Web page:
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Orange rubber-stamps Heydemann appointment as CEO

Christel Heydemann

As expected, French incumbent Orange has confirmed Christel Heydemann will take on the top job as CEO, albeit not just yet.

The telco’s board on Friday announced that the high-ranking Schneider Electric exec will officially become Orange’s new CEO on April 4. Until then, outgoing chairman and CEO Stephane Richard – who originally said he’d be off no later than the end of January – will instead stay on to ensure a smooth transition.

Heydemann’s appointment comes as little surprise. She already sits on Orange’s board, and recent, conveniently-timed leaks to the French press revealed in no uncertain terms that she has the backing of the French government, which is still a major shareholder. That approval may or may not have helped her to see off her rival candidates: Orange’s own finance chief Ramon Fernandez and Verizon’s chief revenue officer Frank Boulben. The latter was particularly unhappy at the government’s alleged intervention, asserting in a leaked email that it undermined the whole selection process.

Despite the acrimony, Orange insists it followed a rigorous process to find a new CEO. On Friday it said it brought in head-hunter Spencer Stuart to begin succession planning as early as last summer, several months before the Paris appeals court reached the verdict that made Richard’s position untenable.

“I would like to thank the board members for their confidence. As a member of the board for nearly five years, I have gained a solid understanding of the technological challenges and opportunities that lie before us. I know that these are significant, but it is equally a huge honour to be able to contribute to the development of one of the leading players in our industry and Orange will have my total commitment as we set about this task,” Heydemann said, in a statement. “I also know I can count, as my predecessor has been able to, on the dedication of all the company’s teams to see Orange through to success.”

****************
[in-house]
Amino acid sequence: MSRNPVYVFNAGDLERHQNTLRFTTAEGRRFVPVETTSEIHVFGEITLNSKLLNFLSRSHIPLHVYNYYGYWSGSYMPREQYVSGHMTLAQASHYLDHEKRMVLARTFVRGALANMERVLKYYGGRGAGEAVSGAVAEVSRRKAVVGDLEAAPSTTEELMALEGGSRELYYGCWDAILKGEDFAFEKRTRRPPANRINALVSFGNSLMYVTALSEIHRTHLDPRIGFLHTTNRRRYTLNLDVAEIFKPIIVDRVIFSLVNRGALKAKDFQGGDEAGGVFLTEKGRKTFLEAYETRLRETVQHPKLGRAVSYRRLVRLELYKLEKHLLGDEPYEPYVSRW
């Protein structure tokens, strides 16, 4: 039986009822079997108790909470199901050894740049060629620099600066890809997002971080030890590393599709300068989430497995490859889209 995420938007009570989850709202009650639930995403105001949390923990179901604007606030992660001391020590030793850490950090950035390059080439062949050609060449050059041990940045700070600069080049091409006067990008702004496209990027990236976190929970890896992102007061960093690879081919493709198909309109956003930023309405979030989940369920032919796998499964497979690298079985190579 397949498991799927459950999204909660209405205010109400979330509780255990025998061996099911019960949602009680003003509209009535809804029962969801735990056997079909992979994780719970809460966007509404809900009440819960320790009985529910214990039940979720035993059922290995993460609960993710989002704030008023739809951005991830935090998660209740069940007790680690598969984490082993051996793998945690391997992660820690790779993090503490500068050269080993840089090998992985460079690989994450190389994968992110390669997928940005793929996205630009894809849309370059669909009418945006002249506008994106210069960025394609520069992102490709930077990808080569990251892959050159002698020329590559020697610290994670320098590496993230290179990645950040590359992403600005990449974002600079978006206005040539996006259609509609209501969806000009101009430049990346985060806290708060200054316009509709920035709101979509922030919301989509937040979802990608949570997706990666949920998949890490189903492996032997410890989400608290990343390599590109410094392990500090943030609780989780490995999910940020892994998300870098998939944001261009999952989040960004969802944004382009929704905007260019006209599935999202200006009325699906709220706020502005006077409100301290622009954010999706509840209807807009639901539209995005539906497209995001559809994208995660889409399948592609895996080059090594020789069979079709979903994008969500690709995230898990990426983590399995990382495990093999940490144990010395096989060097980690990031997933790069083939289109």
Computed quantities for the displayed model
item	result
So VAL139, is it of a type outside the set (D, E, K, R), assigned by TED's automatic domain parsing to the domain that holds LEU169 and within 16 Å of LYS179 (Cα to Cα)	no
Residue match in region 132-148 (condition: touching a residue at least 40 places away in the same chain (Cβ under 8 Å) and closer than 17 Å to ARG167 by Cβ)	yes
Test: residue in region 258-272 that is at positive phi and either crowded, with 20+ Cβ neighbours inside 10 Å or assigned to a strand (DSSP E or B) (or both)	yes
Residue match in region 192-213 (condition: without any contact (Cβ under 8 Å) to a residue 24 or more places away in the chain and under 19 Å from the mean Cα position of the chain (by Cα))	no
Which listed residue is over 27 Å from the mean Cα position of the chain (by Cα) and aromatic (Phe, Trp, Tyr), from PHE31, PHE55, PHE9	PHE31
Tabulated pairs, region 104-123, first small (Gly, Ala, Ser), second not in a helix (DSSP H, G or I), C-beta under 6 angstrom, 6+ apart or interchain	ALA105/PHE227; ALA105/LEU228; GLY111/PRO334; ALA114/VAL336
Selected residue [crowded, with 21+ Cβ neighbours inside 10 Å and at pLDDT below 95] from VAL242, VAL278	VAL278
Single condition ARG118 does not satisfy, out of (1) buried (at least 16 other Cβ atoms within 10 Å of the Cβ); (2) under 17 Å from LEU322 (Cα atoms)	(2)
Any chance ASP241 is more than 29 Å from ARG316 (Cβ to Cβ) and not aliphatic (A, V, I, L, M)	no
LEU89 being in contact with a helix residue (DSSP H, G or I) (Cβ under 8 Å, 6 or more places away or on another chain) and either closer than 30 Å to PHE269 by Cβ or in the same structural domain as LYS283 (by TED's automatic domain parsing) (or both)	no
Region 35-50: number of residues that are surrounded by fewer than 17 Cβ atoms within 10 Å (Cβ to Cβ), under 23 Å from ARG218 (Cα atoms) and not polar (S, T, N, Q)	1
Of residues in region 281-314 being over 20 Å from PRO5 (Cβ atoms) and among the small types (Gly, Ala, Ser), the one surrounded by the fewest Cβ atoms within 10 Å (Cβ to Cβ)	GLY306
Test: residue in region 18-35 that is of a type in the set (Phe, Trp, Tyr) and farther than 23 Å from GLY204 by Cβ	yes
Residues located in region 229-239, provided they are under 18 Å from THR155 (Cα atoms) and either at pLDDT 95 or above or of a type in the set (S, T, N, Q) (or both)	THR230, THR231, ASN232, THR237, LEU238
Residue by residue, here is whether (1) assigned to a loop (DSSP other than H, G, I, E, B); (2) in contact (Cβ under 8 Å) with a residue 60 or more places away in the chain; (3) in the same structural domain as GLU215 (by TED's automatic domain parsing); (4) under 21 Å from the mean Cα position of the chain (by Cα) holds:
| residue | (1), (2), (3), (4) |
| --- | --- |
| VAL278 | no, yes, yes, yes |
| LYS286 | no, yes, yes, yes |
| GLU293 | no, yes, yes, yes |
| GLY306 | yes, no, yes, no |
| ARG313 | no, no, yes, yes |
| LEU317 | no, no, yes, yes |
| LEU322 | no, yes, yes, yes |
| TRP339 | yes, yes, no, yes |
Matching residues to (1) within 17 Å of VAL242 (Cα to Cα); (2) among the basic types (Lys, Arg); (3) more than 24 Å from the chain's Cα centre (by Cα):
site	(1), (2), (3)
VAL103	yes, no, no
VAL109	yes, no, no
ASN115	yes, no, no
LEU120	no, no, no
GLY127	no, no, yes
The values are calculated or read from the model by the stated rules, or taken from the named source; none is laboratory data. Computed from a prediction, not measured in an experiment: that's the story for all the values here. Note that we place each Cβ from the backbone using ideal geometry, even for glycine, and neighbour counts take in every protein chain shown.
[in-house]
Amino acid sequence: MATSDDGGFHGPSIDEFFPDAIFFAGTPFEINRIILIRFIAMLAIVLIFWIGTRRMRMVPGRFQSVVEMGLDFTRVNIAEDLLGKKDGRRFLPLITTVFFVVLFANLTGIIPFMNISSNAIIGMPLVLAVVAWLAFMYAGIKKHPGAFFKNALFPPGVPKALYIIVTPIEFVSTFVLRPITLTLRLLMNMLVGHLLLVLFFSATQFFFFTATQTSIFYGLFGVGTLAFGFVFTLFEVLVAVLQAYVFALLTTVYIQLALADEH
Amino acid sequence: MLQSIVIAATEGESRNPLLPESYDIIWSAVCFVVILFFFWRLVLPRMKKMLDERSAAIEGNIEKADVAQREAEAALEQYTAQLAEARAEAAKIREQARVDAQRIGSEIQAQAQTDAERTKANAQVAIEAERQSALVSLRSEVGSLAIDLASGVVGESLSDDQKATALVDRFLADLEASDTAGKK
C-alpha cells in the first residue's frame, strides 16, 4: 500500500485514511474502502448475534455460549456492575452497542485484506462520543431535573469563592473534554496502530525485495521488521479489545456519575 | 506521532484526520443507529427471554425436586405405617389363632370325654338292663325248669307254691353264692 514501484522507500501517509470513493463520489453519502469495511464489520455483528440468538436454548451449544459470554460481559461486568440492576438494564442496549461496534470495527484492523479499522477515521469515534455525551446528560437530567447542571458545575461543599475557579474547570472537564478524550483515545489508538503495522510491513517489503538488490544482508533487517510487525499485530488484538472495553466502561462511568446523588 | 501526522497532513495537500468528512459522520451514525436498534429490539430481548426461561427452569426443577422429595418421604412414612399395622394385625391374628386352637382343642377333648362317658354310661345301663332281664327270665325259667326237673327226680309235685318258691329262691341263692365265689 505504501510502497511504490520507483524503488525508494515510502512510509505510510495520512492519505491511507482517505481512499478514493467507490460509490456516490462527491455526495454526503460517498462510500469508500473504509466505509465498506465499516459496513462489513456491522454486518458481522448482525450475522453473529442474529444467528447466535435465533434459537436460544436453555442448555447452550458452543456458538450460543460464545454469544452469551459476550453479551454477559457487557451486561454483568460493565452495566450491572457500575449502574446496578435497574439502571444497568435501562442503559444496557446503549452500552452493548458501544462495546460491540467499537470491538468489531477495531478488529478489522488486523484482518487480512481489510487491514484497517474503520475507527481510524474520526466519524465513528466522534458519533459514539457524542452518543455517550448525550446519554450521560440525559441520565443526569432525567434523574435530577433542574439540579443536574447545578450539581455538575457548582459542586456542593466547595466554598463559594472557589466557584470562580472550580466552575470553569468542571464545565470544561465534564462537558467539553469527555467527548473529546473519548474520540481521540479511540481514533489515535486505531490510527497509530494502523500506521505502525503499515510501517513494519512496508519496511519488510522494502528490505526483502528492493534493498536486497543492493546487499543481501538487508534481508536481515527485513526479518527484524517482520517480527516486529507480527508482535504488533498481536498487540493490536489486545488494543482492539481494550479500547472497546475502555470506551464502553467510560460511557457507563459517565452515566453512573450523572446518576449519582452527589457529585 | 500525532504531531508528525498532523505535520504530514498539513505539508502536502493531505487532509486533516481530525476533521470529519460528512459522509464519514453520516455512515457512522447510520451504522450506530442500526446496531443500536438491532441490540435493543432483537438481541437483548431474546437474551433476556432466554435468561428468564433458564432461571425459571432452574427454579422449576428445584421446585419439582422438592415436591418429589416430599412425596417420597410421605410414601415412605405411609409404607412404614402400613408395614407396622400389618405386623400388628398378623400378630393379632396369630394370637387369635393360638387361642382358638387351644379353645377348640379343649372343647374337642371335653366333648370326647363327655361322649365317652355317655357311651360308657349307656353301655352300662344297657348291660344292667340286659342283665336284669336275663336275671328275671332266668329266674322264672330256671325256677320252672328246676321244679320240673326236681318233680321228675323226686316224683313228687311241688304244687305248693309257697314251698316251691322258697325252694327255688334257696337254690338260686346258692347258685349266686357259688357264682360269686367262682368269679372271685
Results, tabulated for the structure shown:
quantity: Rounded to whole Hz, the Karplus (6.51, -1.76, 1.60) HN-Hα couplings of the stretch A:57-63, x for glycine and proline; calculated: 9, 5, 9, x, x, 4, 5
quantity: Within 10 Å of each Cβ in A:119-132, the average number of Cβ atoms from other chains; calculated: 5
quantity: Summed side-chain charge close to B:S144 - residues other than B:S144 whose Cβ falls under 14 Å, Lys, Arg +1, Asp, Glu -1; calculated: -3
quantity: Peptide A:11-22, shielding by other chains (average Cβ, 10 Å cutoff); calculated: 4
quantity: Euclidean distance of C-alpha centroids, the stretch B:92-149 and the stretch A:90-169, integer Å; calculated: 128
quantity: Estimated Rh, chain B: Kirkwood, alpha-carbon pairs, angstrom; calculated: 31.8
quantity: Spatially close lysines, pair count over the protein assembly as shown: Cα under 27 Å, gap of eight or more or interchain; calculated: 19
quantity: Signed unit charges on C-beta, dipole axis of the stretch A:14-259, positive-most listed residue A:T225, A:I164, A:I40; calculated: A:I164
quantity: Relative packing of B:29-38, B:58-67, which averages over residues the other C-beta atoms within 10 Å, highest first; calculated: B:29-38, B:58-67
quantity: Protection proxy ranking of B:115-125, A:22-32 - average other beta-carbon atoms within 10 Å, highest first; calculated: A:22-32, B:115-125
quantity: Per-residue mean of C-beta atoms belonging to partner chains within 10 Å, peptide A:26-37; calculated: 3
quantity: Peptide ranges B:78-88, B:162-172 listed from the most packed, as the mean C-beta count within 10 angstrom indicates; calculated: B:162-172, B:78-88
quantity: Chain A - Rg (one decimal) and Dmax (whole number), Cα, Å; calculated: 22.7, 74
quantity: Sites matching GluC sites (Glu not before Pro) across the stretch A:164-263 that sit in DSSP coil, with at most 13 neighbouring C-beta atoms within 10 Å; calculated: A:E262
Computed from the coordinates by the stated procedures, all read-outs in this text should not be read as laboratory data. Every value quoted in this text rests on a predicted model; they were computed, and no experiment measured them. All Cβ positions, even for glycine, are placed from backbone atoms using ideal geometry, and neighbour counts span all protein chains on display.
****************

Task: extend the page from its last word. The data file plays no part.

As part of the succession planning, Orange’s board has opted to split the CEO and chairman roles. It has yet to find a candidate for the latter job, which means Richard will serve as non-executive chairman until then, stepping down from that position no later than May 19, when Orange is due to hold its AGM. Orange paid tribute to Richard and his 12-year stint as CEO, thanking him for restoring employee confidence and repositioning the group as a leading multi-service operator in Europe and Africa.

Meanwhile Richard wished Heydemann “full success” as CEO of Orange.

“Working alongside the group’s employees, I am convinced that her personal and professional qualities will enable her to meet the challenges the future holds for the group,” he said. “Christel’s involvement as a board member and her long experience at Alcatel and then Schneider Electric means she has an excellent understanding of the challenges and opportunities of the digital future and the critical role this will play in the decades ahead. I am certain that her vision, her pragmatism and her ability to bring out the best in every situation will be of enormous value to Orange.”

As if losing two jobs in one year wasn’t bad enough, it looks like Richard has lost a third. On Monday, the GSMA announced that it has elected Telefónica CEO José María Álvarez-Pallete to succeed Richard as its new board chair. His term begins in February, in time for Mobile World Congress, and runs until December.

It will be his job to steer the GSMA’s strategic direction, representing the interests of the world’s mobile operators as they continue their Sisyphean quest to generate revenue from services other than network access.

“Technologies like 5G, edge computing, cloud, cybersecurity, AI and IoT, have redefined the way society operates and interacts online, paving the way towards metaverse, web3 and a new digital era,” said a statement from Álvarez-Pallete. “However, increased digitisation must include responsible leadership to drive growth, job creation, sustainability, and accelerate digital inclusion. I look forward to supporting the GSMA drive these critical issues, and many others.”


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